Things are bad in both of China’s big exchanges; both the Shanghai and Shenzen are seeing companies halting their trading on both:

Over 700 Chinese companies have halted trading to “self preserve,” according to the state media. That means about a quarter of the companies listed on China’s two big exchanges — the Shanghai and Shenzhen — are no longer trading.

China’s stock markets are in trouble. The Shanghai Composite Index has fallen over 25% since mid-June. The Shenzhen, which has more tech companies and is often compared to America’s Nasdaq Index, is down even more.

Government intervention has not helped:

Chinese stocks fell on Tuesday, taking little comfort from a slew of support measures unleashed by Beijing in recent days, and unnerved by Chinese Premier Li Keqiang’s failure to mention the market chaos in a statement on the economy.

Before the market opened, Li said in comments posted on a government website that China had the confidence and ability to deal with challenges faced by its economy, but had nothing to say on the three-week plunge that has knocked around 30 percent off Chinese shares since mid-June.

Morgan Stanley Asia Chairman Stephen Roach said some of China’s problems can be traced back to issues related to the debt-to-GDP ratio:

China is also trying to address its debt-to-gross-domestic-product ratio, which some estimates peg at more than 225 percent, Roach said.

“[But] they don’t have a full array of capital markets to support the economy, like places like the United States,” he continued. “So they have to rely on much more debt financing to grow this investment-led economy. They went too far, especially in the property area.”

It’s not hard to see how the property bubble and this stock bubble are related. From last April here on LI:

China’s property bubble has already started to burst as the country struggles to avoid a hard-landing after the housing market became overheated with soaring prices.

China’s commercial and residential property sectors are not doing well, especially in the city of Hangzho, which has “become the symbol of a market in distress”, according to Forbes.

The world’s largest retailer, Wal-Mart, is closing its Zhaohui store in Hangzhou on April 23 as a part of its overall plan to dump unprofitable locations. The sale of the large store comes as the city has too much supply of commercial properties, according to Forbes.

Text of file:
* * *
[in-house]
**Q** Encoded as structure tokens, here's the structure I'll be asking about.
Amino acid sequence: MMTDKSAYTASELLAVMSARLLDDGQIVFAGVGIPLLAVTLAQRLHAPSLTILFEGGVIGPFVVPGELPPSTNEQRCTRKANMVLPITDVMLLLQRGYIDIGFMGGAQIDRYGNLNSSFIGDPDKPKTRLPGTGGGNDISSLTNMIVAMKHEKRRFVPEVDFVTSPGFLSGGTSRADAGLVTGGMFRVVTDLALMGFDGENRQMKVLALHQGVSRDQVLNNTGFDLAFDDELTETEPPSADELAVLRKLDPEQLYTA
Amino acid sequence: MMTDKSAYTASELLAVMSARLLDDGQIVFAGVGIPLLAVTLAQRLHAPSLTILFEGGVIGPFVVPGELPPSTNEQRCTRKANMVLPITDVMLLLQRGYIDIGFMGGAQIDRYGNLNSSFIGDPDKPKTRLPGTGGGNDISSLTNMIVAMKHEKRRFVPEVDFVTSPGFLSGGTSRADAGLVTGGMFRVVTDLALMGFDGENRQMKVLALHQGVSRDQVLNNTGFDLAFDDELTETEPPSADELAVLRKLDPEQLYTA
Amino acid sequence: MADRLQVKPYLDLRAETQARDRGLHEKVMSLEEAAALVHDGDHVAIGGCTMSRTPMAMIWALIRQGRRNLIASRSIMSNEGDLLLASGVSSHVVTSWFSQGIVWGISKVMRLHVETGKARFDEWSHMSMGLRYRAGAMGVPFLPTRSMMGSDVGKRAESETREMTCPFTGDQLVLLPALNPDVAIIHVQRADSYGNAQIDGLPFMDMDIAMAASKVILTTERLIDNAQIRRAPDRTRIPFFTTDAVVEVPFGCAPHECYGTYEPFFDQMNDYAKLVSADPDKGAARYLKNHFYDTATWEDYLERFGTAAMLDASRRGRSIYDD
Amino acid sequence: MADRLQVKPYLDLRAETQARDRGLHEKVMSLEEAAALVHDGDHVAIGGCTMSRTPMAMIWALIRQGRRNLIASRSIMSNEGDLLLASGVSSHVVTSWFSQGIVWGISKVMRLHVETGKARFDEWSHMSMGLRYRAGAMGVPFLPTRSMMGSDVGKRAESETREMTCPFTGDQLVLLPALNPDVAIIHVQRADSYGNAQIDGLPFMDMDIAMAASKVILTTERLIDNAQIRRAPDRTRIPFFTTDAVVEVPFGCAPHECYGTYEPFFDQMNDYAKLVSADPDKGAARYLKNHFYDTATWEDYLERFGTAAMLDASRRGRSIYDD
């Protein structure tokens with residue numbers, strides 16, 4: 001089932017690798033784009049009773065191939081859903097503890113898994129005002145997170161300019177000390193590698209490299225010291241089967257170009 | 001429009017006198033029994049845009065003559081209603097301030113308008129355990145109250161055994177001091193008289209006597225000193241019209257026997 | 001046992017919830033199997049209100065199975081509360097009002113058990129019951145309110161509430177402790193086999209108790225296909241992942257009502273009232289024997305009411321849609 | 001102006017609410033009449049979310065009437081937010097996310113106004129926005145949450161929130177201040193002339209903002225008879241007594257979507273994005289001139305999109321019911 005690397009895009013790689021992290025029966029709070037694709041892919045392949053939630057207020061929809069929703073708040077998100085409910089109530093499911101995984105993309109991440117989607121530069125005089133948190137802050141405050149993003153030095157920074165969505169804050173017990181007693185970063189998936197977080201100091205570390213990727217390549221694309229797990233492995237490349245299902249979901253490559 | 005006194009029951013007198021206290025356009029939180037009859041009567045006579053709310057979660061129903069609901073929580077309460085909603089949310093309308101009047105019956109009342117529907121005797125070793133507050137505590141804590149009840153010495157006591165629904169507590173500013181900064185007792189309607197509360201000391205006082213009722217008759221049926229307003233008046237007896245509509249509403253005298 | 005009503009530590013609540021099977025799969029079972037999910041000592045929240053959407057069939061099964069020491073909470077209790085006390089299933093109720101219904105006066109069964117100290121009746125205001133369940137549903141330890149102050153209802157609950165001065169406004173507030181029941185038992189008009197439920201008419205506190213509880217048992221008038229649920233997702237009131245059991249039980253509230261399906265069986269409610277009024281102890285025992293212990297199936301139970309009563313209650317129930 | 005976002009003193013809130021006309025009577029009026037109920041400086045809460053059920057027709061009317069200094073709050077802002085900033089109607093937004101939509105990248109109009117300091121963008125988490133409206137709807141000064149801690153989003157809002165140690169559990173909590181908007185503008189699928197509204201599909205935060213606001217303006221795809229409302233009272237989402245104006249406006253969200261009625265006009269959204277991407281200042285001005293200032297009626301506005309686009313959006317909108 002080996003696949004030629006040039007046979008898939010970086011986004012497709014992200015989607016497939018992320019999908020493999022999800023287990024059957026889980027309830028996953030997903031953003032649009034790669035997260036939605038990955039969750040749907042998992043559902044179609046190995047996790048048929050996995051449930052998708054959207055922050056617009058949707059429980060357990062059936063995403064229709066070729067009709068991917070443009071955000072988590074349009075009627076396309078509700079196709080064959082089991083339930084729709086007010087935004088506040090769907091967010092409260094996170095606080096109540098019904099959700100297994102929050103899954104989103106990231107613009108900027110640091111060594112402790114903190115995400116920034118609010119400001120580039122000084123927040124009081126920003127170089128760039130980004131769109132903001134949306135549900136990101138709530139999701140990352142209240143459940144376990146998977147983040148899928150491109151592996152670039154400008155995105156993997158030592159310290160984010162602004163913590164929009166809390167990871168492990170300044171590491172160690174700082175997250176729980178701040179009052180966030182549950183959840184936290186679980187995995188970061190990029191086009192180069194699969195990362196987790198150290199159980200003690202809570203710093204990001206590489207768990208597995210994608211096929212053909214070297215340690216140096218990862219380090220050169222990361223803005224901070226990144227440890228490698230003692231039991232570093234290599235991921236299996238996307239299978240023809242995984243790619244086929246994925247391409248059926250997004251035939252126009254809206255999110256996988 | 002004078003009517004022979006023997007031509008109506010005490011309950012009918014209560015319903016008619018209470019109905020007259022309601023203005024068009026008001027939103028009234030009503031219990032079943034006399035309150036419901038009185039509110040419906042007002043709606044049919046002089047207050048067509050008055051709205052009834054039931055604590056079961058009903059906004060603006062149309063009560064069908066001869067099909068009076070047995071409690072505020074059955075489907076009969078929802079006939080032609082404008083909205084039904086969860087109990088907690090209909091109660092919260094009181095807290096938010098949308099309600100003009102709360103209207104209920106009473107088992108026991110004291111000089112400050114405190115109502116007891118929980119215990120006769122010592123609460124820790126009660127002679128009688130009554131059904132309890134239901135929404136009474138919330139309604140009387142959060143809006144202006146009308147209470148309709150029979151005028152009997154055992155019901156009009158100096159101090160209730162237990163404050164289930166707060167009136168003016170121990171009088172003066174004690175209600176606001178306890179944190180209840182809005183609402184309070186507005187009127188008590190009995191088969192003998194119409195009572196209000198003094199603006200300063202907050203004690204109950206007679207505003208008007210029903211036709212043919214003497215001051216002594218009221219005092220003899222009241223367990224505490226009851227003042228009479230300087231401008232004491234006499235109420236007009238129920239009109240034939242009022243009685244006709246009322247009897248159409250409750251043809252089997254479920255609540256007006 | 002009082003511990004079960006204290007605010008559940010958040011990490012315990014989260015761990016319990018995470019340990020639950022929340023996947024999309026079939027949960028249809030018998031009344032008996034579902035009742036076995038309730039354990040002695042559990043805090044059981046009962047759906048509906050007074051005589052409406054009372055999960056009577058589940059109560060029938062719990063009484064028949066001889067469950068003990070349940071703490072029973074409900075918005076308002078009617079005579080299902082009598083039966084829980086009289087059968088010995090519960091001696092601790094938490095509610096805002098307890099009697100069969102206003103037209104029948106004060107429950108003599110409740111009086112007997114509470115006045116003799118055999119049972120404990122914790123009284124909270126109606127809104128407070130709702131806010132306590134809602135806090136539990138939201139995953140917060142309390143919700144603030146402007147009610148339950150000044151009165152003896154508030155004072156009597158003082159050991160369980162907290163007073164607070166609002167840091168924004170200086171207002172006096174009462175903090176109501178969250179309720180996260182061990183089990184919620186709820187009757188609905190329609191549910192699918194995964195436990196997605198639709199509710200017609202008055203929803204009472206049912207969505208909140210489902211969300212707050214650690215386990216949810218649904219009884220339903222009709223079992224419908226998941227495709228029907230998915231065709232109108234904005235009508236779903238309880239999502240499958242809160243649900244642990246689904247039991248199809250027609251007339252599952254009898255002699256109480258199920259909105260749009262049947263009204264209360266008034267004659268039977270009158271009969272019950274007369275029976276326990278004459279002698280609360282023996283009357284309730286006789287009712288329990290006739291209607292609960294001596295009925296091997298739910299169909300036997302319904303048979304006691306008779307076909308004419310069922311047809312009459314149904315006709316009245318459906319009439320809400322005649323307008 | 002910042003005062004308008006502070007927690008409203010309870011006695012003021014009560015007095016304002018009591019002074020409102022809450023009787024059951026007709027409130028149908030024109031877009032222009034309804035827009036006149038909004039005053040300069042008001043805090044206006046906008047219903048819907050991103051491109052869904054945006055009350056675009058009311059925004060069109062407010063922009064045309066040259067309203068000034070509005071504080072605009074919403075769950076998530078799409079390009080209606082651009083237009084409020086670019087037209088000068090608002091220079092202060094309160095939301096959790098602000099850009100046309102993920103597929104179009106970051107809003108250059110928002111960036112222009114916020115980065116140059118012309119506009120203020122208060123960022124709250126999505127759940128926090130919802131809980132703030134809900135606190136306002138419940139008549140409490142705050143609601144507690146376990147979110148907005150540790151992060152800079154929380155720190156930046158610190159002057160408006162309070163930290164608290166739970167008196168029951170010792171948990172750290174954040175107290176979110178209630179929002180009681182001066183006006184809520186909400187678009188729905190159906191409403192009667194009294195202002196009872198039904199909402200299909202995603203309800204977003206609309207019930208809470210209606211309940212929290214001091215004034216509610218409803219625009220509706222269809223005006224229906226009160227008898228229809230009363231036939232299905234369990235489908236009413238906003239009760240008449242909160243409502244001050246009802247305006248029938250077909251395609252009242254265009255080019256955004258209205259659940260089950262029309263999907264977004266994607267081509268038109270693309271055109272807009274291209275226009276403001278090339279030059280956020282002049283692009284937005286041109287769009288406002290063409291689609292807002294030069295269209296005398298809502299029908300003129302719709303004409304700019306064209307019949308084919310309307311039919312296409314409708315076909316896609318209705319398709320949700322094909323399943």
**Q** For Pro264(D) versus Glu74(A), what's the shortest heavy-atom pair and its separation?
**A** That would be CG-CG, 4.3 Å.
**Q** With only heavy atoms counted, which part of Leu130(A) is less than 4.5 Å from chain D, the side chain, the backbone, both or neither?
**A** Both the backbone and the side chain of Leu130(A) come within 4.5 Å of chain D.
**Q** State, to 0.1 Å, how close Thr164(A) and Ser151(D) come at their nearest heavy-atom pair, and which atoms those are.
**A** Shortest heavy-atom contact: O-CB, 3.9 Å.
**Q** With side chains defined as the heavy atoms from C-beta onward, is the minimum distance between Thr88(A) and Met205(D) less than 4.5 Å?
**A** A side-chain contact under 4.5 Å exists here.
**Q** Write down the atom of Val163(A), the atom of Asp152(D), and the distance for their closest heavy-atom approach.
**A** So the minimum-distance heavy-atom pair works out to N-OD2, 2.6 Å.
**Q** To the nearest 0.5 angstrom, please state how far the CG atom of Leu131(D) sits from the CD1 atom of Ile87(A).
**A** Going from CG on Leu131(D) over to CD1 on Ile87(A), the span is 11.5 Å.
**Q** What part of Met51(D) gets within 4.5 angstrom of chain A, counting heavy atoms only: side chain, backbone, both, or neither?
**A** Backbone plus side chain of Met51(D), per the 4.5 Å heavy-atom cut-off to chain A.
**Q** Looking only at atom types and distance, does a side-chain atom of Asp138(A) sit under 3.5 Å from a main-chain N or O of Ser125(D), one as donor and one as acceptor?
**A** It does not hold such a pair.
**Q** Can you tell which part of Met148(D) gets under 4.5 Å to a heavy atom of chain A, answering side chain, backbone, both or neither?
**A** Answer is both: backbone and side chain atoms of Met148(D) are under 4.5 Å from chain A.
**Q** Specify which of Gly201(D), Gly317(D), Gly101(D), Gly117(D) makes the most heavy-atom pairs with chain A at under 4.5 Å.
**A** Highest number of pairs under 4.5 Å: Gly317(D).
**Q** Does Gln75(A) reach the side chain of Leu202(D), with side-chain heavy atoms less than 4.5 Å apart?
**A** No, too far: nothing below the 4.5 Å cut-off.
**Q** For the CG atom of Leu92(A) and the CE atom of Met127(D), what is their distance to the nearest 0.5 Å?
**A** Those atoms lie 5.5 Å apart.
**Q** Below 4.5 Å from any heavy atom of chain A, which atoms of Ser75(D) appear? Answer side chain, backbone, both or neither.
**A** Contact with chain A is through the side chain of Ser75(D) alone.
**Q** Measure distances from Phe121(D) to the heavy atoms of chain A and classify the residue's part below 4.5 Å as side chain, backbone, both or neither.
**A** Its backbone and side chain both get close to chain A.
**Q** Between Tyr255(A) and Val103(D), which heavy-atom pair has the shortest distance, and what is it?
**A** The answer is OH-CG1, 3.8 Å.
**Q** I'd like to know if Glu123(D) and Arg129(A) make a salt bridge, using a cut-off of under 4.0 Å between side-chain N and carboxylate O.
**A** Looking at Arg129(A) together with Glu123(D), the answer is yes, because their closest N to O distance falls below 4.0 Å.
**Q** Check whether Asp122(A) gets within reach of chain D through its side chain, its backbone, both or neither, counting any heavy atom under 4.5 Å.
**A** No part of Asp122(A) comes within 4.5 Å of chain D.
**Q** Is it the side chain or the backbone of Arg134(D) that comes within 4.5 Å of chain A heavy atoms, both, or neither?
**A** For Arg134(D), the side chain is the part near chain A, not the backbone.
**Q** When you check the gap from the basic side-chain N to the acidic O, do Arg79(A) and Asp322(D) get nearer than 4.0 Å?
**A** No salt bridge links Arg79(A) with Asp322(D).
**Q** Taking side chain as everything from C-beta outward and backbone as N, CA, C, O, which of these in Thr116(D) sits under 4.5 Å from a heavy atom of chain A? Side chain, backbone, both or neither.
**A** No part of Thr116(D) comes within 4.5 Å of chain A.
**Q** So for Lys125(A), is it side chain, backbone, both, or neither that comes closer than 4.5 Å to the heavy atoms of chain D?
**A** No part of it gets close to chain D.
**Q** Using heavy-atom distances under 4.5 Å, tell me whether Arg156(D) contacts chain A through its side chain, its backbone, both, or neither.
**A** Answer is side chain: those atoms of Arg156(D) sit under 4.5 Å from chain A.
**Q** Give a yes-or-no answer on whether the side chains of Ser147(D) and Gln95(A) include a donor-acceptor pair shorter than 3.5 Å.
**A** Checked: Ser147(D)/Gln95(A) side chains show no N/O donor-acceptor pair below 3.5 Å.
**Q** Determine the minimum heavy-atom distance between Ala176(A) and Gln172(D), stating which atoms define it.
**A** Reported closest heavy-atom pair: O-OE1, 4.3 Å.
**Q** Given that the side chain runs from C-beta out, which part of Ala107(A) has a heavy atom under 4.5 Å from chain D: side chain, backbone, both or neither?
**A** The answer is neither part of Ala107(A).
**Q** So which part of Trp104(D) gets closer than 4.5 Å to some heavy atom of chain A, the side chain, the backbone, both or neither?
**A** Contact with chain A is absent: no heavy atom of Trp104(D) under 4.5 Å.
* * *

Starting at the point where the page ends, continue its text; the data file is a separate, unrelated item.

Hangzhou’s Grade A office buildings at the end of 2013 had an average occupancy rate of 30%, according to real estate broker Jones Lang LaSalle.

A month ago, investors were saying China was in “bubble territory” and were bearish on their stocks:

Morgan Stanley just did an in-depth survey to see how major investors currently feel about Chinese equities. They were not optimistic.

Brian Kelleher, Morgan Stanley China analyst, and his team find that, on average, respondents expect the MSCI China Index to rise a mere 1.4 percent over the next 12 months on a weighted average basis. That’s the smallest gain since Morgan Stanley began conducting its survey in March 2013.

Despite that, Roach remains relatively bullish on China:

Still, Roach said the Chinese economy will stabilize around 6.5 percent to 7 percent growth. “It’s not going to go to zero as some of the China bears” have predicted, he said.

Ironically, it was China’s government stimulus for infrastructure (sound familiar?) that helped to create the issue:

China is rife with overinvestment in physical capital, infrastructure, and property. To a visitor, this is evident in sleek but empty airports and bullet trains (which will reduce the need for the 45 planned airports), highways to nowhere, thousands of colossal new central and provincial government buildings, ghost towns, and brand-new aluminum smelters kept closed to prevent global prices from plunging.

We’ll see what shakes out, but when 700 companies decide to halt trading on your exchanges, it is not a good sign.


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